Human Rights Watch has reminded Sorbonne University that peaceful free expression is one of its core values and has called on the university publicly to condemn the detention and trial of bin Ghaith.
The organisation has said Sorbonne's reaction will indicate whether it has decided to support liberal education values or to ignore the repression of these same values by the UAE authorities.
Sorbonne Abu Dhabi University and Paris-Sorbonne University are officially independent but share close administrative and financial ties, with the French university receiving 15% of the Emirati university's student fee income.
CYPRUS: Did municipality bow to political pressure?
A former rector of Cyprus University has written an open letter accusing the municipality of Famagusta of interfering in his freedom of expression after cancelling a lecture on the 11 July naval base blast, the Cyprus Mail reported on 13 October.
Academic Stavros Zenios accused Famagusta municipality, in cancelling his lecture planned for 7 November, of bowing to pressure from political groups on the municipal council.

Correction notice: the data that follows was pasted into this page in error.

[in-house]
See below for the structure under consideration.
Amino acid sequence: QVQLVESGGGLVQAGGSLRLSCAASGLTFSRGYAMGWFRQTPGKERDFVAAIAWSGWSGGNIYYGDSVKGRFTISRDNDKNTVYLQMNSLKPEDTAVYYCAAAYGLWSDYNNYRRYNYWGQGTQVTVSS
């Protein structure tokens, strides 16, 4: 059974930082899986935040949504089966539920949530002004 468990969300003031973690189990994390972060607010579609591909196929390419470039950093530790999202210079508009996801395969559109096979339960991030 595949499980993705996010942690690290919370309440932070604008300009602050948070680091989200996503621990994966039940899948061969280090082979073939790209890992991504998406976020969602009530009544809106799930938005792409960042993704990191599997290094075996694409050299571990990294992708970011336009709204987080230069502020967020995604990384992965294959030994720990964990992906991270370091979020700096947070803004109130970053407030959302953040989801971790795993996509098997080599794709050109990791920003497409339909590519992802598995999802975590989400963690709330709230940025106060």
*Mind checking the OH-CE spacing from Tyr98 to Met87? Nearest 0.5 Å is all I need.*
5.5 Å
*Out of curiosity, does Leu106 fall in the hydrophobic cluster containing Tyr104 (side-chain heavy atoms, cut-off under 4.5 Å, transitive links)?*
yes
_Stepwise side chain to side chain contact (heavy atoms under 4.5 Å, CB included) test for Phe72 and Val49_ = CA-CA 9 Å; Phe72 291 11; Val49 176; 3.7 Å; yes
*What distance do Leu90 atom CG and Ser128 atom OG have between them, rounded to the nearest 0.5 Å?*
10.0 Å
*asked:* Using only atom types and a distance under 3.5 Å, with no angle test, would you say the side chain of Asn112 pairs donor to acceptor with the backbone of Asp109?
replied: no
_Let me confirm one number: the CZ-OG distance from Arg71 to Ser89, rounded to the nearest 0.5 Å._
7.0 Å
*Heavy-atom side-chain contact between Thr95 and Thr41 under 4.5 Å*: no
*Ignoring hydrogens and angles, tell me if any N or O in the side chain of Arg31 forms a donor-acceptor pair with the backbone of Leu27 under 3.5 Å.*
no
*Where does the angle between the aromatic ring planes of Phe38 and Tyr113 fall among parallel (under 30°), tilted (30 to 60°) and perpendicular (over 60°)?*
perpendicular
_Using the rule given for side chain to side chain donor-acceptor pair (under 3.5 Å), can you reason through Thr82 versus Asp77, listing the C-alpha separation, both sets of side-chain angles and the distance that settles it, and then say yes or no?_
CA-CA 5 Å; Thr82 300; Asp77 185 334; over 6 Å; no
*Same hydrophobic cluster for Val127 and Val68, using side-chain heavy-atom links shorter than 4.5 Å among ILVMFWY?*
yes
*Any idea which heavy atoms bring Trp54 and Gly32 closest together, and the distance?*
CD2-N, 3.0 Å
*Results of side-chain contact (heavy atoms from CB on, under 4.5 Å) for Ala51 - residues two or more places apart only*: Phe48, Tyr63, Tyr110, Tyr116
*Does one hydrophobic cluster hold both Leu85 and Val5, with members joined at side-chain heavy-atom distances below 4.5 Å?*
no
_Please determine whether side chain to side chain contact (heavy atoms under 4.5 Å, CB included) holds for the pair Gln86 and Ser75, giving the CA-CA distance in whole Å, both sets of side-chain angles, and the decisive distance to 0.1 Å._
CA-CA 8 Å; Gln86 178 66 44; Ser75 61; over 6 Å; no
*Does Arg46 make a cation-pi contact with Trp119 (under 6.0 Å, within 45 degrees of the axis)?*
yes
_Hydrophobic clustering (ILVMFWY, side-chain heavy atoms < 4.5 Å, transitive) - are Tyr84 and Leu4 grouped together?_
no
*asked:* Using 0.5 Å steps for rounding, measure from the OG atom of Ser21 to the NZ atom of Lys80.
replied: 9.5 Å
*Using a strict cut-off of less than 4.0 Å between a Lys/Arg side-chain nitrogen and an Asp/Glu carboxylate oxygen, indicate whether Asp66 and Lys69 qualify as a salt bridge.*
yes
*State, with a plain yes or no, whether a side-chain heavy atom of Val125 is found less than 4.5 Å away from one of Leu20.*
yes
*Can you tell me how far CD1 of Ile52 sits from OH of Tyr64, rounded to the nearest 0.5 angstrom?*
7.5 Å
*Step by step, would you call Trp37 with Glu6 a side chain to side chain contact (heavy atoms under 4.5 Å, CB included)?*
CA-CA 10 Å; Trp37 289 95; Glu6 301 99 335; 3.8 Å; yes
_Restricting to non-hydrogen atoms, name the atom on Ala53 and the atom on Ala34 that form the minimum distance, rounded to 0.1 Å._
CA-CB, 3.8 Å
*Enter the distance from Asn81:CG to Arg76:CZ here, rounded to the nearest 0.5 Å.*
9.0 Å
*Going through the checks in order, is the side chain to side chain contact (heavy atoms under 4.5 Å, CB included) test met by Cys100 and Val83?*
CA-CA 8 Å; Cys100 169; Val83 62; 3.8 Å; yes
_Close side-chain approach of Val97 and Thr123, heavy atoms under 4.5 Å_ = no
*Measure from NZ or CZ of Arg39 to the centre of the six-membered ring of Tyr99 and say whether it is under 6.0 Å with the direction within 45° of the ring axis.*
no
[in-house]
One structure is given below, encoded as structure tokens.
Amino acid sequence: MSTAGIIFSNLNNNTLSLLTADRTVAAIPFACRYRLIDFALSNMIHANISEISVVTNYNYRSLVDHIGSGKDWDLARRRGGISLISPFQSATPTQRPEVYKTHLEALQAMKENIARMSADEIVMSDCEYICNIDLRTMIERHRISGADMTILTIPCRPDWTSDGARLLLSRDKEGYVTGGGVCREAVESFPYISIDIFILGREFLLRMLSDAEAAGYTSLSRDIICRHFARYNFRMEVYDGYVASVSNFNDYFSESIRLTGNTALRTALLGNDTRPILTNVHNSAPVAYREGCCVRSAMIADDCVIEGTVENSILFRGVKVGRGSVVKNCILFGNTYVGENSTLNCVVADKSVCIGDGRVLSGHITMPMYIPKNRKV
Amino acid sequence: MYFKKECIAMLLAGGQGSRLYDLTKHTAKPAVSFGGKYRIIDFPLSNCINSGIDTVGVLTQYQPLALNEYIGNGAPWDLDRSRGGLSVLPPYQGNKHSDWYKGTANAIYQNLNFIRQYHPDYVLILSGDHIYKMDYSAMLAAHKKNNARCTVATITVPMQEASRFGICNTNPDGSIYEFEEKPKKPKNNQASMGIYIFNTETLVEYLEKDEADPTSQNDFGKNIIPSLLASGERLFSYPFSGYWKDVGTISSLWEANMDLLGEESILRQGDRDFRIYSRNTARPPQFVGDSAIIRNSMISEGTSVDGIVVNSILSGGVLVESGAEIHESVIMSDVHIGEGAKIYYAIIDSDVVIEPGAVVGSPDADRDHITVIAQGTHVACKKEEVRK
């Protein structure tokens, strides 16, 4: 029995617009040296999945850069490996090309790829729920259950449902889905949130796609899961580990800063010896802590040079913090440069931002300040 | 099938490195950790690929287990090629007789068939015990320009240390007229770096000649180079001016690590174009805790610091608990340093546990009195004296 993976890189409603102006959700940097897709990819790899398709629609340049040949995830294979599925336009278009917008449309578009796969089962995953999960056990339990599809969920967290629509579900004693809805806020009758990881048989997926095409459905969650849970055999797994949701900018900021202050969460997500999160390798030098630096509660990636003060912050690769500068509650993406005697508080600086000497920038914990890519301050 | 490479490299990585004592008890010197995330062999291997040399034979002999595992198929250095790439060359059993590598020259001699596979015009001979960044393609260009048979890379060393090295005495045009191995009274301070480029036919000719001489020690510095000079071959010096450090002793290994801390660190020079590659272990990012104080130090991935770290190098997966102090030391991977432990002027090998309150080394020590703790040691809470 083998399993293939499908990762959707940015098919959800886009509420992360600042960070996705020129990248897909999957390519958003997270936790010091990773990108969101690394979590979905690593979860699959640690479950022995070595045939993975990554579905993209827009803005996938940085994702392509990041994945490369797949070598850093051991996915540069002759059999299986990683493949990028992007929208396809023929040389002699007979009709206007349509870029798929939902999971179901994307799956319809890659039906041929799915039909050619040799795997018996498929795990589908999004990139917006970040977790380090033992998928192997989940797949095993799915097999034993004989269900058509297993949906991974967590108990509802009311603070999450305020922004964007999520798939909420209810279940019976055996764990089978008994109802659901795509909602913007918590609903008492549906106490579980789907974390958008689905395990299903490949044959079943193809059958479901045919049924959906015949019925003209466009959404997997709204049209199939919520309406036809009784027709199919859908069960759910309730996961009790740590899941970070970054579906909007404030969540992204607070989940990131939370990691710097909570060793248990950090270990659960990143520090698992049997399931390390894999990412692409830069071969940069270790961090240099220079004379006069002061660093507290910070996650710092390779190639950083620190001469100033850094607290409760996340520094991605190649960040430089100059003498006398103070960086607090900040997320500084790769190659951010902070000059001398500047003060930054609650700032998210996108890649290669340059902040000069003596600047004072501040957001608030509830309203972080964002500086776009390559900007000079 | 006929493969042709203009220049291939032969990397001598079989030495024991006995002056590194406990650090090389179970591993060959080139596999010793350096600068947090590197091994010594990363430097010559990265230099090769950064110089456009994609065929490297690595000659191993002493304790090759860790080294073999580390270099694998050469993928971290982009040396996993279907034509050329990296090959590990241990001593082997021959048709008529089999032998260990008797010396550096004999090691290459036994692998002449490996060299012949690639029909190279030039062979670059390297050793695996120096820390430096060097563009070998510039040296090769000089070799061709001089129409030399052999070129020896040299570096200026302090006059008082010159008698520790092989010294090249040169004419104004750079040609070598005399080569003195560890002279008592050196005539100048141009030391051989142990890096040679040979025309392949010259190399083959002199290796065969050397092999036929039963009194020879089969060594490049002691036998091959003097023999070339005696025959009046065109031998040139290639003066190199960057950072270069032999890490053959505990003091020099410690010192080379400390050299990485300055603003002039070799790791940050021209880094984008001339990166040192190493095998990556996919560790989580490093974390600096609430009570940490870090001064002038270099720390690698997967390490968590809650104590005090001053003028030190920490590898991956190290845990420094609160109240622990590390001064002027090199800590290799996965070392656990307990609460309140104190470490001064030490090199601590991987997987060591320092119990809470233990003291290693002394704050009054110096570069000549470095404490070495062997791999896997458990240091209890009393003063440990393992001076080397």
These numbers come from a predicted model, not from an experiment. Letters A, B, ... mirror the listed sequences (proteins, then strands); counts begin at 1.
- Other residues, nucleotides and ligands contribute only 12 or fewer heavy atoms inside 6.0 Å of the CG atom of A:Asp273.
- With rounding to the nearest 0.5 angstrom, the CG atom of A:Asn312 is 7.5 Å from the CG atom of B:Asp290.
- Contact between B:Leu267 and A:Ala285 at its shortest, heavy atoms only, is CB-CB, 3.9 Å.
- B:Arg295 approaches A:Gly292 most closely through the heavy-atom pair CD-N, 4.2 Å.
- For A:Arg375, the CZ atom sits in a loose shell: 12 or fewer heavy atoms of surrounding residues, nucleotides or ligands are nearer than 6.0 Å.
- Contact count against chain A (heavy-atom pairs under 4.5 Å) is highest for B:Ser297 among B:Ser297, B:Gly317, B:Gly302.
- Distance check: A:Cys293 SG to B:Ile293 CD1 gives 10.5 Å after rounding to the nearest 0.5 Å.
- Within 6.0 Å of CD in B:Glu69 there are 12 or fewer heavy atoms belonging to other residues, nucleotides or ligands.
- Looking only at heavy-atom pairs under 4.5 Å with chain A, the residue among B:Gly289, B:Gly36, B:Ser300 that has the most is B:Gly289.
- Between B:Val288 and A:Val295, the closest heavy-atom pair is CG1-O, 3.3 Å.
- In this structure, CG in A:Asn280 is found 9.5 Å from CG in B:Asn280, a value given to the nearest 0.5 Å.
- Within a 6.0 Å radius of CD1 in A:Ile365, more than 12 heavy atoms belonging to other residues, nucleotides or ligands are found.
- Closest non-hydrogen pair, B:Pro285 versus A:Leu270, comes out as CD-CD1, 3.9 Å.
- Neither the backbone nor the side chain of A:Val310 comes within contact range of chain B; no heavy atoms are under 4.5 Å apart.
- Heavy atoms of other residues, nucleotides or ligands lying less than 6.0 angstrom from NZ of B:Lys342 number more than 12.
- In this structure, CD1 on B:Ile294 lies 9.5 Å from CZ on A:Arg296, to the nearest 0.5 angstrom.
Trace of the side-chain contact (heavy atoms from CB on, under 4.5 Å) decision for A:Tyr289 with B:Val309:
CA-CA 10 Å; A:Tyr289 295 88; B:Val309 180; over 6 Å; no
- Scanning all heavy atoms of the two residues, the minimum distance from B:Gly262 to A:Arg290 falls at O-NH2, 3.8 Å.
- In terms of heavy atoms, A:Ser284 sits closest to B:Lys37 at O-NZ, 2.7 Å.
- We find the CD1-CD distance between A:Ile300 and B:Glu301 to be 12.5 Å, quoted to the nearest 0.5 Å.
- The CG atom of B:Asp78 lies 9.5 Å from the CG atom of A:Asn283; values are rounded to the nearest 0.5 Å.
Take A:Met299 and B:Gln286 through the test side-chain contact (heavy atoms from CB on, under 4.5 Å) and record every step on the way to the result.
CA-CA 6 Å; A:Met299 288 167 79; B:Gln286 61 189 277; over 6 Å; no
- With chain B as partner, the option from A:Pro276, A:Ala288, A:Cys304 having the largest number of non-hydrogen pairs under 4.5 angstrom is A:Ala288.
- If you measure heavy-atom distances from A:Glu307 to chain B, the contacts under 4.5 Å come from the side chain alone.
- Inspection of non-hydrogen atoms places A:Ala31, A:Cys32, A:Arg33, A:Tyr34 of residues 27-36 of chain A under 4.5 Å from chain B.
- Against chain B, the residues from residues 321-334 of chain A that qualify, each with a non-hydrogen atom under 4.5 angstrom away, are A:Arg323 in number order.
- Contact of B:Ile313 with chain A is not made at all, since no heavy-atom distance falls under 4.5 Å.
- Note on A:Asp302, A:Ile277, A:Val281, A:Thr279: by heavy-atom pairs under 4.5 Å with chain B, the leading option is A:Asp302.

He also said the municipality had asked him on several occasions to change the subject of his lecture, which he argued violated his freedom of expression.
The lecture was supposed to discuss three aspects of the 11 July naval base blast: the reasons behind the incident, imagining a 'new Cyprus' and how changes might be introduced in the country following the tragedy.
On 11 July, about 100 containers filled with explosives self-detonated on the Evangelos Florakis naval base near Zygi killing 13 people and injuring 62. The incident had severe economic and political consequences, including calls from academics and politicians for President Demetris Christofia to resign after he was held responsible for the blast.
But Famagusta Mayor Alexis Galanos considers Zenios' letter misleading.
According to Galanos, the lecture was only postponed to another date, to be confirmed later, and Zenios was asked to include an economic perspective. Galanos is planning to answer the academic's letter.
INDIA: Delhi University row over controversial essay
In India, a passionate debate has broken out in Delhi over whether Delhi University should include a controversial essay about the Hindu epic, the Ramayana, in its syllabus, the BBC reported on 18 October.
The university recently decided to remove the essay titled, "Three Hundred Ramayanas: Five examples and three thoughts on translation", from its history courses.